The company: Rare Disease Therapeutics
The drug: Anascorp
The target: Scorpion bites
When Marcie Edmonds of Phoenix was stung by a scorpion, she did what many would do in her circumstances. She went to the hospital, where she was hooked up to an IV drip solution of the antivenom drug Anascorp. She got two doses and was later handed a bill for $83,046, according to the New York Daily News. Her portion after the insurer's share: $25,537, for an out-of-network charge she knew nothing about.
Technically, Anascorp isn't a disaster drug launch in the same category as the rest of our sampling. But the wildly varying charges that patients and payers face have made this one of the most bizarre marketing tales in the industry.
Anascorp was approved on the basis of a tiny study with just 15 patients. It's actually been made and used for years in Mexico, where it's marketed by Instituto Bioclon for a mere $100 a vial. Rare Disease Therapeutics reportedly sells it to Accredo Health Group, a specialty pharma, for $3,500 a dose. And hospitals are adding some jaw-dropping markups. The Republic scouted around the area and discovered one hospital chain charging $7,900 per vial, another billing it at $9,077 per vial, and a third charging a whopping $12,467. Marcie Edmonds seems to have scored the new record with $83,046.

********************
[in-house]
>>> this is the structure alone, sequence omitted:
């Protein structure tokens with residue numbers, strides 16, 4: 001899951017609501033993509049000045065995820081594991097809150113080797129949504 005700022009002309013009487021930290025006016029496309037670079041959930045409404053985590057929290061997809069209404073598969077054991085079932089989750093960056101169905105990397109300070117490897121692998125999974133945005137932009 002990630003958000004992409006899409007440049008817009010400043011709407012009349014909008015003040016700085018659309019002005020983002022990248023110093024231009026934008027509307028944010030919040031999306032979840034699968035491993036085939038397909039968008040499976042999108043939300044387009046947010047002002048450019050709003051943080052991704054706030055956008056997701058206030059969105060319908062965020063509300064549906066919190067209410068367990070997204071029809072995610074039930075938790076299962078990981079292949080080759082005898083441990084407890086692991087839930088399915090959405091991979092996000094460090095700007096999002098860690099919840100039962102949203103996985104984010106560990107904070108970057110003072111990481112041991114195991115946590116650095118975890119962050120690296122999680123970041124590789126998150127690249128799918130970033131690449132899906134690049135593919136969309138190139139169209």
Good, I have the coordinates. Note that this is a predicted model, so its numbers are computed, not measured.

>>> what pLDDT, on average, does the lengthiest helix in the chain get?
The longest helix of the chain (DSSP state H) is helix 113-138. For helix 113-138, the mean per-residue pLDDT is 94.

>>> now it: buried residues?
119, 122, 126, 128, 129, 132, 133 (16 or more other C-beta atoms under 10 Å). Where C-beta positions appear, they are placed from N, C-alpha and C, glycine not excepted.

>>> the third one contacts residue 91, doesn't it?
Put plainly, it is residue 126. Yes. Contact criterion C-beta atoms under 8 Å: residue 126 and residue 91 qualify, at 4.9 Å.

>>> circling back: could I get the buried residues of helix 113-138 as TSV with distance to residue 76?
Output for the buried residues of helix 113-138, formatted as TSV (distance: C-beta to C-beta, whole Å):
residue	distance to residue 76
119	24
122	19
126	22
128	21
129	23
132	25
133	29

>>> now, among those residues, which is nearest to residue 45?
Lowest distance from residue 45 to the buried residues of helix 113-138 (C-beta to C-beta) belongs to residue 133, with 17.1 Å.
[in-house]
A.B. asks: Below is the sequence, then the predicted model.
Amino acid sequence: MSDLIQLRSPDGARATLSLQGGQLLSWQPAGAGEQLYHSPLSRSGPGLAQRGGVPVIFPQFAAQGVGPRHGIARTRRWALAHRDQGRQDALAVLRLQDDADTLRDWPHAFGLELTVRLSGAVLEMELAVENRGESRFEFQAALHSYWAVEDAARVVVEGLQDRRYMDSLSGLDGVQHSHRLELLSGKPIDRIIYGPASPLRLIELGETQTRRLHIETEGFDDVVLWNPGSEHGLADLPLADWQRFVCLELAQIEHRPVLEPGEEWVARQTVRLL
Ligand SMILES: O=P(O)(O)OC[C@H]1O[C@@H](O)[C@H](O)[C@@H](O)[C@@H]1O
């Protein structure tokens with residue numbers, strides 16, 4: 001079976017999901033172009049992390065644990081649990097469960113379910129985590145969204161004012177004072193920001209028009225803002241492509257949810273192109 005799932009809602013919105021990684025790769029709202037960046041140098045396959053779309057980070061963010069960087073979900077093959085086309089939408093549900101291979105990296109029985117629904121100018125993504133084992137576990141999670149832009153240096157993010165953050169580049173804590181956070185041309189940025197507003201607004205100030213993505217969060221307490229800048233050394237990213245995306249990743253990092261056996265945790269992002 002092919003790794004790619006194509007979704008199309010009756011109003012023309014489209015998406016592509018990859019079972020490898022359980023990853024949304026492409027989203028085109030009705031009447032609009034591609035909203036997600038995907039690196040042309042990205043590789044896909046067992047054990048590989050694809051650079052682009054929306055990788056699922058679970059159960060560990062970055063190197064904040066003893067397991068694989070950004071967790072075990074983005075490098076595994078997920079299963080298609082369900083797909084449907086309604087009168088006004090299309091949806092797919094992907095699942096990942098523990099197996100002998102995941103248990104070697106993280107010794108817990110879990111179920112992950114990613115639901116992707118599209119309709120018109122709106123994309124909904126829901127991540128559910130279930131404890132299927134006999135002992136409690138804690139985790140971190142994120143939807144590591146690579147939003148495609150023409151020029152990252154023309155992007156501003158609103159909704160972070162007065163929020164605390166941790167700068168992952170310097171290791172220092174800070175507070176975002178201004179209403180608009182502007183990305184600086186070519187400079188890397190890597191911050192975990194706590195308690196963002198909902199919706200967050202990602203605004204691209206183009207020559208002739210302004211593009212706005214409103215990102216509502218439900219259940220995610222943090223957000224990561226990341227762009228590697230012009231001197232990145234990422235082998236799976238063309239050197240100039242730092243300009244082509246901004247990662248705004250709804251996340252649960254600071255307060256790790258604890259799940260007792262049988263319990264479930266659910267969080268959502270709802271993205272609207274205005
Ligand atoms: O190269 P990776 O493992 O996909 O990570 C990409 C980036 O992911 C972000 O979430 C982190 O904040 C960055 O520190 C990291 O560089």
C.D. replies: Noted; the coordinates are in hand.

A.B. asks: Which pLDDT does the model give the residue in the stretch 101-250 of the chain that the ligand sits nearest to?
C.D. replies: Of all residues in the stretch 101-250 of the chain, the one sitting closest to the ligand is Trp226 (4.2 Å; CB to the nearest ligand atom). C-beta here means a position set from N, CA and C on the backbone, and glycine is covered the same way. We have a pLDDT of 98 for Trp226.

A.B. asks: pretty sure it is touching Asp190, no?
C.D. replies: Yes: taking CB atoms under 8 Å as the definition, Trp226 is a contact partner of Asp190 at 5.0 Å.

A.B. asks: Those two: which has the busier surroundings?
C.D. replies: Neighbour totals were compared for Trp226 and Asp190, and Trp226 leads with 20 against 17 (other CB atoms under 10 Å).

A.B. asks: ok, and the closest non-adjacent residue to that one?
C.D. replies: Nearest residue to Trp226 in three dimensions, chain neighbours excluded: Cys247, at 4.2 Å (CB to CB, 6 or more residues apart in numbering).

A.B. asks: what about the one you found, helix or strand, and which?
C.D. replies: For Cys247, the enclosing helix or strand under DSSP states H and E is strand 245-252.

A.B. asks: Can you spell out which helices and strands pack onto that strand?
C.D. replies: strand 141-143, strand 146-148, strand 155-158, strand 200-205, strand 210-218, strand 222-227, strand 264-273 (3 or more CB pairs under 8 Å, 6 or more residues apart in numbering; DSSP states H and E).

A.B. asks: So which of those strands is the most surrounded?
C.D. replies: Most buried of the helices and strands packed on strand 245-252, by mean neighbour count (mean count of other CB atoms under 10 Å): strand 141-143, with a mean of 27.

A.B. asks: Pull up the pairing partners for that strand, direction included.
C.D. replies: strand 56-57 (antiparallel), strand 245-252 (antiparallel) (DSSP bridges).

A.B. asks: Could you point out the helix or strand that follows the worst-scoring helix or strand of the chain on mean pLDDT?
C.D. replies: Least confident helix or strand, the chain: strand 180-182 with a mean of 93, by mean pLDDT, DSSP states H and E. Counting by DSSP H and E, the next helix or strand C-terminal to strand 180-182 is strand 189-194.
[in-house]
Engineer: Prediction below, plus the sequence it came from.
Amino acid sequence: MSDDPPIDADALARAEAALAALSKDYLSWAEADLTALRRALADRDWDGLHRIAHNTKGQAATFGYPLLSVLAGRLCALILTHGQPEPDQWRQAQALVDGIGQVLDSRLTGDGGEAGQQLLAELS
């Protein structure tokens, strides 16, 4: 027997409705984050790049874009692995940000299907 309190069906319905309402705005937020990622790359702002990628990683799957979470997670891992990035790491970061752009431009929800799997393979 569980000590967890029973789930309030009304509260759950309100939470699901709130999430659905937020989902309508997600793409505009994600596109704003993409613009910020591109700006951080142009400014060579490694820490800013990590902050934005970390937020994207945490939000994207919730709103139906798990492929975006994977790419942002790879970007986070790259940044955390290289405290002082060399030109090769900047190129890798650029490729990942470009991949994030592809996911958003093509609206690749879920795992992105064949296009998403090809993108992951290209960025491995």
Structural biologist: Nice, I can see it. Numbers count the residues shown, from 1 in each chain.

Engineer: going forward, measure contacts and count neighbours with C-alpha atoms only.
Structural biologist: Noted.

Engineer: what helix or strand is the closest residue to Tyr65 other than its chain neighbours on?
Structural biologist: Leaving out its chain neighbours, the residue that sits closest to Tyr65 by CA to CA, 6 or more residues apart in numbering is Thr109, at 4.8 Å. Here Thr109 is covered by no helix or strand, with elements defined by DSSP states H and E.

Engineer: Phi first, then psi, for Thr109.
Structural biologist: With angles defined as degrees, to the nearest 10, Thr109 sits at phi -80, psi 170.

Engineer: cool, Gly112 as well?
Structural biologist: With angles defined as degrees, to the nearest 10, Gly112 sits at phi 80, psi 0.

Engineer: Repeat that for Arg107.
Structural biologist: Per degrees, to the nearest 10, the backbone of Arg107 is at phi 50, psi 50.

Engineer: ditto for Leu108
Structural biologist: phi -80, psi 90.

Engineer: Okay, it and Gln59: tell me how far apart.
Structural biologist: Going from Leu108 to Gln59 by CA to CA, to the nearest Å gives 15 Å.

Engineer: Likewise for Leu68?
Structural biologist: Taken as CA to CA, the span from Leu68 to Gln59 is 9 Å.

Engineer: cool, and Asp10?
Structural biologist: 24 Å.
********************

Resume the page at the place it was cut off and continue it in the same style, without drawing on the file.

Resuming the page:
Rare Disease's president, Milton Ellis, told a reporter for the Republic that the base price was figured after assuming that they'd sell about 400 doses every year. The study costs and FDA inspection of Mexican facilities had to be factored in. And if its revenue exceeds $50 million, there are user fees to add on. The price formula looks a lot like the one used by K-V, but so far the company has avoided the kind of backlash that tripped K-V.
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